John Clark’s Possible Community

The impossible becomes possible when we define our own reality

By Eric Laursen
Fifth Estate

Hurricane Katrina, the disaster that hit New Orleans and the Gulf Coast in 2005, was “the most devastating experience I have lived through, but also the most uplifting and inspiring,” writes NOLA native John P. Clark, whose family goes back generations in the Crescent City.

A blue house and large tent. Signs in front yard read, "Common Ground Lower 9th Relief;" "Respect this community;" "You can be involved;" "eminent domain for who?"
Headuarters of the Common Ground Relief grassroots projects established after Hurrican Katrina devastated much of New Orleans in 2005. The impossible became possible.

While the State demonstrated once again its great ability to destroy life and its inability to save it, the “communities of compassion and solidarity” formed by people who lost everything to government neglect and natural disaster were the closest thing Clark had ever experienced to his “social ideal.”

The Impossible Community, published in 2013 and now reappearing in a second edition, is partly a tribute to the highly effective grassroots networks of mutual aid that sprouted in New Orleans after Katrina. The lessons for survival and organizing which emerged from that terrible but inspiring time, anchor some of the larger points Clark makes here.

They drive him back, for example, to German anarchist Gustav Landauer’s contention that free communities can only be built out of “free communal practice” from the ground up, that is, from concrete experience rather than by following a top-down ideology or doctrine. Social transformation is most durable when it arises not from one source or idea, but from many. From the collective wisdom of neighborhood or village assemblies, worker cooperatives, labor exchanges, community-based media, bookstores, cafes, affinity groups and intentional communities, all sharing and comparing their experience and ideas.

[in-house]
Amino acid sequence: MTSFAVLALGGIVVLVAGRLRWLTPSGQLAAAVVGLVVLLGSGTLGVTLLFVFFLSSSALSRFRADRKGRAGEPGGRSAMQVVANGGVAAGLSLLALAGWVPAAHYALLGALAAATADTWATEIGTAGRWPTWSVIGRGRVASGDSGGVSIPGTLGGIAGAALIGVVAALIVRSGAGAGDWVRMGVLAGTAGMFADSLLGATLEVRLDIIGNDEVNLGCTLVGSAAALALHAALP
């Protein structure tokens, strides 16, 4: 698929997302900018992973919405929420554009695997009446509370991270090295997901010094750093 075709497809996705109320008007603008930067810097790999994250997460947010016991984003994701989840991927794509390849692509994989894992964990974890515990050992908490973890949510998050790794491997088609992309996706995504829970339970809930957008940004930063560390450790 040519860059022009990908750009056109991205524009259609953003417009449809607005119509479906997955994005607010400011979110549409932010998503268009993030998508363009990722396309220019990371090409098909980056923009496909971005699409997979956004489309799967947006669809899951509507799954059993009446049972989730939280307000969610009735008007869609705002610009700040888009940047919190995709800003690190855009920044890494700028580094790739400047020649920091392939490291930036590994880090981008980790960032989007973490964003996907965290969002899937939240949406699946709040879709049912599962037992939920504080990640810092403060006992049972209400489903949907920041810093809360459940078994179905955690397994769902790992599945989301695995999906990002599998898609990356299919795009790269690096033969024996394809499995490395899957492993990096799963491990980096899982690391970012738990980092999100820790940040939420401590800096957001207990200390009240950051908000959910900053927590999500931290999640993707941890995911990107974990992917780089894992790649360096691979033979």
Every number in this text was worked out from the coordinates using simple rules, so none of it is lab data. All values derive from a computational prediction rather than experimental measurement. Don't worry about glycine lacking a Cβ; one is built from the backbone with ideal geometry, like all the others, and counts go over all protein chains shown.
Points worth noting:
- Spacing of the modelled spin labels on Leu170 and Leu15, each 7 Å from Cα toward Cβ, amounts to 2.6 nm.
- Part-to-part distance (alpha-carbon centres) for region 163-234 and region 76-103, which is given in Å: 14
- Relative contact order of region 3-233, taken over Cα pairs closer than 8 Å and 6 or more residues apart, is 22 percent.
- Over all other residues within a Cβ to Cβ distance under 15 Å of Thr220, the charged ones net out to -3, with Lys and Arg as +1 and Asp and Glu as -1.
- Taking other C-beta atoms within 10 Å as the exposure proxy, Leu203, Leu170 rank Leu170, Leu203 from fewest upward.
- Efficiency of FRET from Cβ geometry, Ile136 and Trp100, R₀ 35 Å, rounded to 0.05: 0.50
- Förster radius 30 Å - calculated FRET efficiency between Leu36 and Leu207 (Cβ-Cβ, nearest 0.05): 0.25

All of which sounds impossible only if one ignores millennia of practice in primary or base communities around the world, and pays heed only to what the State and capital want us to assume. “‘Reality’ is whatever is enshrined in the dominant ideology, imaginary, ethos, materiality, and institutional structure,” Clark writes. The impossible becomes possible when we decide to make our own reality, which could be as humble as a really, really free market or a copwatch patrol (not to downplay the effort required to do so).

This is the practical foundation for Clark’s book, but it contains a lot more. Clark is a longtime academic philosopher and frequent contributor to the Fifth Estate. The Impossible Community attempts to synthesize Hegel and John Dewey, Marcuse, Landauer, and anarchist geographer Elisee Reclus, among others, to arrive at a new understanding of freedom: the basic attribute of the kind of community he’s searching for. He distinguishes authoritarian from anti-authoritarian utopias. And, he enlists the dialectic, as defined by Hegel and Marx, to understand how and in what direction a constantly changing world develops out of contradictions between ideas and conditions.

Along the way, Clark pursues a running attack on longtime nemesis, anarchist theorist Murray Bookchin, in particular, Bookchin’s criticisms of so-called lifestyle anarchism and what Clark sees as his dogmatism and tendency to divorce politics from concrete social developments and innovations. Are cooperatives and collectives really “marginal projects,” as Bookchin wrote dismissively? No: they are just the sort of “diverse, multidimensional experiments in democratic processes” out of which a new society beyond the State and capitalism will be born, Clark answers.

This quarrel is just a bit dated, and already was when Clark’s book was first written, but it takes him in some interesting directions.